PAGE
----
I don’t know how long I’ll continue this process, but probably a few months. I figure if I don’t use something within 90 days, I probably don’t need to hold onto it long-term.

Potential Long-Term Plan
I can see myself designating a drawer in a bedside table as the packing party drawer as a way to regularly review my possessions and get rid of things that don’t add value to my life. One thing I’ve learned since beginning the process of paring down my stuff is I tend to be happier, calmer, and more creative when I keep the excess stuff out of my world.

Minimizing Debt

I recently listened to The Minimalists’ Podcast episode about money. It inspired me to review my thoughts and plans about money in my life and revise my current plans.

Day 178: Almost Full by Tom Small from Flickr (Creative Commons License)

Day 178: Almost Full by Tom Small from Flickr (Creative Commons License)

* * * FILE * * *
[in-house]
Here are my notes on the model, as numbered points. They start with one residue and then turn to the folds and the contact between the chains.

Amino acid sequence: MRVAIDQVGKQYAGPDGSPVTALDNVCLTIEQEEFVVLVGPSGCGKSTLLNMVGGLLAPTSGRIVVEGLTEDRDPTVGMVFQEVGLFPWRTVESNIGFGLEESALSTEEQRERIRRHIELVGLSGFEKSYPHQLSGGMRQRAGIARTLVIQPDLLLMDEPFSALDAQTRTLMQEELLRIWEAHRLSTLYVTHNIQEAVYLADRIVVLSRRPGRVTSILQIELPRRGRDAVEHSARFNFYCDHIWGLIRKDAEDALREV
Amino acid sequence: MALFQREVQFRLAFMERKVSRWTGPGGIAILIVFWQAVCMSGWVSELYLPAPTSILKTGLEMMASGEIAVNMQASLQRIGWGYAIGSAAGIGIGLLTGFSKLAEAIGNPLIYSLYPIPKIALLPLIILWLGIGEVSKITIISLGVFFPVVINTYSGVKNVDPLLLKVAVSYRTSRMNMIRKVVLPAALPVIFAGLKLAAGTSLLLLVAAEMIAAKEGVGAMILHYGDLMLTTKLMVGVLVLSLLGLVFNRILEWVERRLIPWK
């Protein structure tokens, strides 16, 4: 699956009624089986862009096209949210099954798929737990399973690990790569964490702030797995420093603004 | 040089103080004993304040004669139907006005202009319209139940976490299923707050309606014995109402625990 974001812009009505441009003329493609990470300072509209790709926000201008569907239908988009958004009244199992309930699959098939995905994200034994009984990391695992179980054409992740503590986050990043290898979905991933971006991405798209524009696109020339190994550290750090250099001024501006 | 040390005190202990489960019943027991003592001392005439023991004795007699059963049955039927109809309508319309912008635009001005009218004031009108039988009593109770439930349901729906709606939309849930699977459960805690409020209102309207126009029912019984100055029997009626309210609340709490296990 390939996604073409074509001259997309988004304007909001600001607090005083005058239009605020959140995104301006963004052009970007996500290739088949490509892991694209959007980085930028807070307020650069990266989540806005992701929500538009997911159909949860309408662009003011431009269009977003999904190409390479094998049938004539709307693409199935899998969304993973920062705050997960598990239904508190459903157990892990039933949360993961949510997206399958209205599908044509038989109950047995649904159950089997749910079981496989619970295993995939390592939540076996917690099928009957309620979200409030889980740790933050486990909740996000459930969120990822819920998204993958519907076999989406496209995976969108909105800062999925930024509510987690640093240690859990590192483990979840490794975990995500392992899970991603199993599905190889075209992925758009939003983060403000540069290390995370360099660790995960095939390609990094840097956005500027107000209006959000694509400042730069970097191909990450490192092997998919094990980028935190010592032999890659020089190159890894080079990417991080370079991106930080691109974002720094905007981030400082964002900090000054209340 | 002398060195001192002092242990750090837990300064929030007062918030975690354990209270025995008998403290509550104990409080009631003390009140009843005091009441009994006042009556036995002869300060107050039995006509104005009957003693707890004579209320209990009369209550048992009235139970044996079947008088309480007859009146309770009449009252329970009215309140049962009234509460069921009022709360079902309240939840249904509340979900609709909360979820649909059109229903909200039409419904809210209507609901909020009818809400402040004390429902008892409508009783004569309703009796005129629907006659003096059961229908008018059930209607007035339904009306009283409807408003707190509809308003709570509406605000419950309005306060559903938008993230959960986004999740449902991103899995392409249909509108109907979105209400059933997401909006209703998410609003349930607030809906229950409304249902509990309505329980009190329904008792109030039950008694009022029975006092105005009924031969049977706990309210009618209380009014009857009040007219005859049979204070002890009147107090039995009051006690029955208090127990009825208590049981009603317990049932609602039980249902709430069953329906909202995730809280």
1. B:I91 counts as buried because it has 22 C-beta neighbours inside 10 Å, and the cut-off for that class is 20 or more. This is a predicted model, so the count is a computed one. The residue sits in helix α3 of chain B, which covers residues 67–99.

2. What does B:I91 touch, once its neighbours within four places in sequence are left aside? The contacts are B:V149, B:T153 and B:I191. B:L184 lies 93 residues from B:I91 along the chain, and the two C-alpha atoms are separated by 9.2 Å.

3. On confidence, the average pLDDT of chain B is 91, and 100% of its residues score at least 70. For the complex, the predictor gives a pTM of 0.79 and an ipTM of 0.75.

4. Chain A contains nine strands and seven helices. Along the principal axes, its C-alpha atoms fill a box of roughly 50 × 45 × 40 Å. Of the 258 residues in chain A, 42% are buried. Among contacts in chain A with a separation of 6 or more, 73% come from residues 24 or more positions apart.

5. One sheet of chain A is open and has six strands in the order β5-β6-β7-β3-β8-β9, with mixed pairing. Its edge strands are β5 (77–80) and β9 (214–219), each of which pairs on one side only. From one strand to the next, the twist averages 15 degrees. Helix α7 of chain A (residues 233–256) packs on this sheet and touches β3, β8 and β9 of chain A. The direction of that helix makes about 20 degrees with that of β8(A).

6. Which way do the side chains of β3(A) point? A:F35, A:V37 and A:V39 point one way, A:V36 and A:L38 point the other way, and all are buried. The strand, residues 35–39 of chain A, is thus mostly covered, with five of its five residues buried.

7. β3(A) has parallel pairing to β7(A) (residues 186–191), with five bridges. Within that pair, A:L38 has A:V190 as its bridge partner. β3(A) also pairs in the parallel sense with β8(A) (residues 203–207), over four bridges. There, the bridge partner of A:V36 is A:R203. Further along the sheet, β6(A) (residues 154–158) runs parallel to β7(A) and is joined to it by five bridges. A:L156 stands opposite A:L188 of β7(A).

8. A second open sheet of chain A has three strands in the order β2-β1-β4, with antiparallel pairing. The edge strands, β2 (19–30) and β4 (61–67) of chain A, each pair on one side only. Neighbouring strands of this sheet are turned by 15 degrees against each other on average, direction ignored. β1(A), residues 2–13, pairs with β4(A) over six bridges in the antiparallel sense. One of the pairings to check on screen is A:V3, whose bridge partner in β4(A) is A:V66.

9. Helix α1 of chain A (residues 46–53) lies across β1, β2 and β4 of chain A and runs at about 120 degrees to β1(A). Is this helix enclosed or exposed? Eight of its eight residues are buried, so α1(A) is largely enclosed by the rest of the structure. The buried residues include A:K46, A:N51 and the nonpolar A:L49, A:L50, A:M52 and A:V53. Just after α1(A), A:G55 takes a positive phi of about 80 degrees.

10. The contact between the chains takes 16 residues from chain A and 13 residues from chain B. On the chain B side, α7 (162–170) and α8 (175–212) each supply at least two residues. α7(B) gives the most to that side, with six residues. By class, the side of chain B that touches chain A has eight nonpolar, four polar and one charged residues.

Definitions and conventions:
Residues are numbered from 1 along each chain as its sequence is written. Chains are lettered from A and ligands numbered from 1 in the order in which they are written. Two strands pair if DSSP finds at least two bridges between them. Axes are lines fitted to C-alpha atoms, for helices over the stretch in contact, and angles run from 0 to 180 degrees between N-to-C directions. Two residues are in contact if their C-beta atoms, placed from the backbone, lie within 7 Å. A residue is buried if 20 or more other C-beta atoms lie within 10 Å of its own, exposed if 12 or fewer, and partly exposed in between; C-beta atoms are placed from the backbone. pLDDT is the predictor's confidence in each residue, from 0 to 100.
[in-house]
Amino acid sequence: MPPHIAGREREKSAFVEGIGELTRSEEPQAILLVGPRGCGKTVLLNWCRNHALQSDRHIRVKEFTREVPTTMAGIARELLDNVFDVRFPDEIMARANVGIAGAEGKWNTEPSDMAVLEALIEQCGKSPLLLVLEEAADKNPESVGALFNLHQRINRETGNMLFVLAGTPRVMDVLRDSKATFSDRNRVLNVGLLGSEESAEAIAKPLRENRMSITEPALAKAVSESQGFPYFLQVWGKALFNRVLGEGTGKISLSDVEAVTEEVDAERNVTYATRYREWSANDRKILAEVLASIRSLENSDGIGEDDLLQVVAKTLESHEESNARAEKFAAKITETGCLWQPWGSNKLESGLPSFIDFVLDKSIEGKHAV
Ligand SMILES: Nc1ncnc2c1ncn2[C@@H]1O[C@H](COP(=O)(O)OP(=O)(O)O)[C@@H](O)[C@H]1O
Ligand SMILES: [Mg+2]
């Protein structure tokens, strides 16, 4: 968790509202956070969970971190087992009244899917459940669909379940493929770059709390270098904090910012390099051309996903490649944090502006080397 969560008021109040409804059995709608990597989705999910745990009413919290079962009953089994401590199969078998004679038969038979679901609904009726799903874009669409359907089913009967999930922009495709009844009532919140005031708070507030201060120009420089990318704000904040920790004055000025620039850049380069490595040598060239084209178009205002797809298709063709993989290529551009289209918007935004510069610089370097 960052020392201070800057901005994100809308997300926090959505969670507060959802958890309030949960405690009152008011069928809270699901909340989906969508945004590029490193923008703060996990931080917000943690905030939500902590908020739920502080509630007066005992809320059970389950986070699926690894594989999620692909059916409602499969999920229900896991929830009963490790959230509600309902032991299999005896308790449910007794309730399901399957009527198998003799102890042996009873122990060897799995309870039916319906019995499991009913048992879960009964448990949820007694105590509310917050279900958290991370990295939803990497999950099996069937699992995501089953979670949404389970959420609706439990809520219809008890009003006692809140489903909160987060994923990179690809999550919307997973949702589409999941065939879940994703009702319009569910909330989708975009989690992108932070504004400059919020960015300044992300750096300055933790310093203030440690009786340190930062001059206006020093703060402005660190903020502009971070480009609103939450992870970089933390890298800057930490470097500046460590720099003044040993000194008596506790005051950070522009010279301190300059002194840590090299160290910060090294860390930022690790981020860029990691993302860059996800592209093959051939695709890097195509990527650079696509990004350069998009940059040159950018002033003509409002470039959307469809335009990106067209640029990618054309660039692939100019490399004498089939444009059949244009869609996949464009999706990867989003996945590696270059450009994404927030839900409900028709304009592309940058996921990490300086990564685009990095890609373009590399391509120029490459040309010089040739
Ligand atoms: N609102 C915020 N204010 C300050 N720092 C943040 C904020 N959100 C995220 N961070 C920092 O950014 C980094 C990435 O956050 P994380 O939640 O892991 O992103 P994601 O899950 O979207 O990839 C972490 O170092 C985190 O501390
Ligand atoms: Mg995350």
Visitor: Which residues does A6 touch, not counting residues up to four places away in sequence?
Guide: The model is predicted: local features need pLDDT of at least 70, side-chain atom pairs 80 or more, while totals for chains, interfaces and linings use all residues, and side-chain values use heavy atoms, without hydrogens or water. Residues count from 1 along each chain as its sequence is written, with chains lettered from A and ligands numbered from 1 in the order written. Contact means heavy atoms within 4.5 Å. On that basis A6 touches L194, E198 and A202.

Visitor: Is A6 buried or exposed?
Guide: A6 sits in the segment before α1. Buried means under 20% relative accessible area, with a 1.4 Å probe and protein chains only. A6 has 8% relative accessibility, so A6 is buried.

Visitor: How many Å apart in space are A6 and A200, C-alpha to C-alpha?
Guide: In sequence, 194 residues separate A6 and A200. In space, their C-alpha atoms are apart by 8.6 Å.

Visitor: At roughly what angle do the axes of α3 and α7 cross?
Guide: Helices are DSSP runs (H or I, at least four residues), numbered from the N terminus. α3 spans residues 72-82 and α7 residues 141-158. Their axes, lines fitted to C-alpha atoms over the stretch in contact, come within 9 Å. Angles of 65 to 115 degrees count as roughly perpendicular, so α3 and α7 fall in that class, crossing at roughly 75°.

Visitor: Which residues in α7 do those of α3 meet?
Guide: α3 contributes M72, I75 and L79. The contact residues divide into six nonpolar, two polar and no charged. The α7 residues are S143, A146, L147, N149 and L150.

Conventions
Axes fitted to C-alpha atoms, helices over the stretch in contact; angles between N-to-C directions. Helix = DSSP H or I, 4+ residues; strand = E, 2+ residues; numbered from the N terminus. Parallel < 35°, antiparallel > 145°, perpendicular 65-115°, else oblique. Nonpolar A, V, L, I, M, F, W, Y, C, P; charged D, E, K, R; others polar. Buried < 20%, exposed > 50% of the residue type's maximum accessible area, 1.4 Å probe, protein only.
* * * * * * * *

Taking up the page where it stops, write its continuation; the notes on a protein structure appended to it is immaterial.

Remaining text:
The Minimalists say, and I agree, “There is no such thing as good debt.” I took on a considerable loan when I bought my condo in 2014. I regularly pay more than my mortgage payment to pay off my loan faster. After listening to this podcast, I was inspired to play around with an online early mortgage payoff calculator. It showed me that I can pay off my loan significantly faster and avoid paying a substantial amount of interest by paying a bit more than I currently am each month.

As a minimalist, my overhead expenses each month are not that high. I don’t mind foregoing some temporary luxuries if it means saving over $25,000 in the long run.

Listening to this episode also made me revisit some of my other financial goals for the year – like fully funding my retirement account. I usually wait until the end of the year to do this, but there’s no reason to delay if I can do it earlier.

To date, my savings have been part of my personal and business checking accounts; however, after revisiting my financial goals, I want to open a separate savings account as well. This will be an account to deposit money that is “spoken for,” like my quarterly estimated taxes, charitable giving, retirement, as well as building a “rainy day fund” that contains at least six months worth of expenses. This can also be the account I use to set aside funds to pay off my mortgage faster and to save up for big purchases and travel.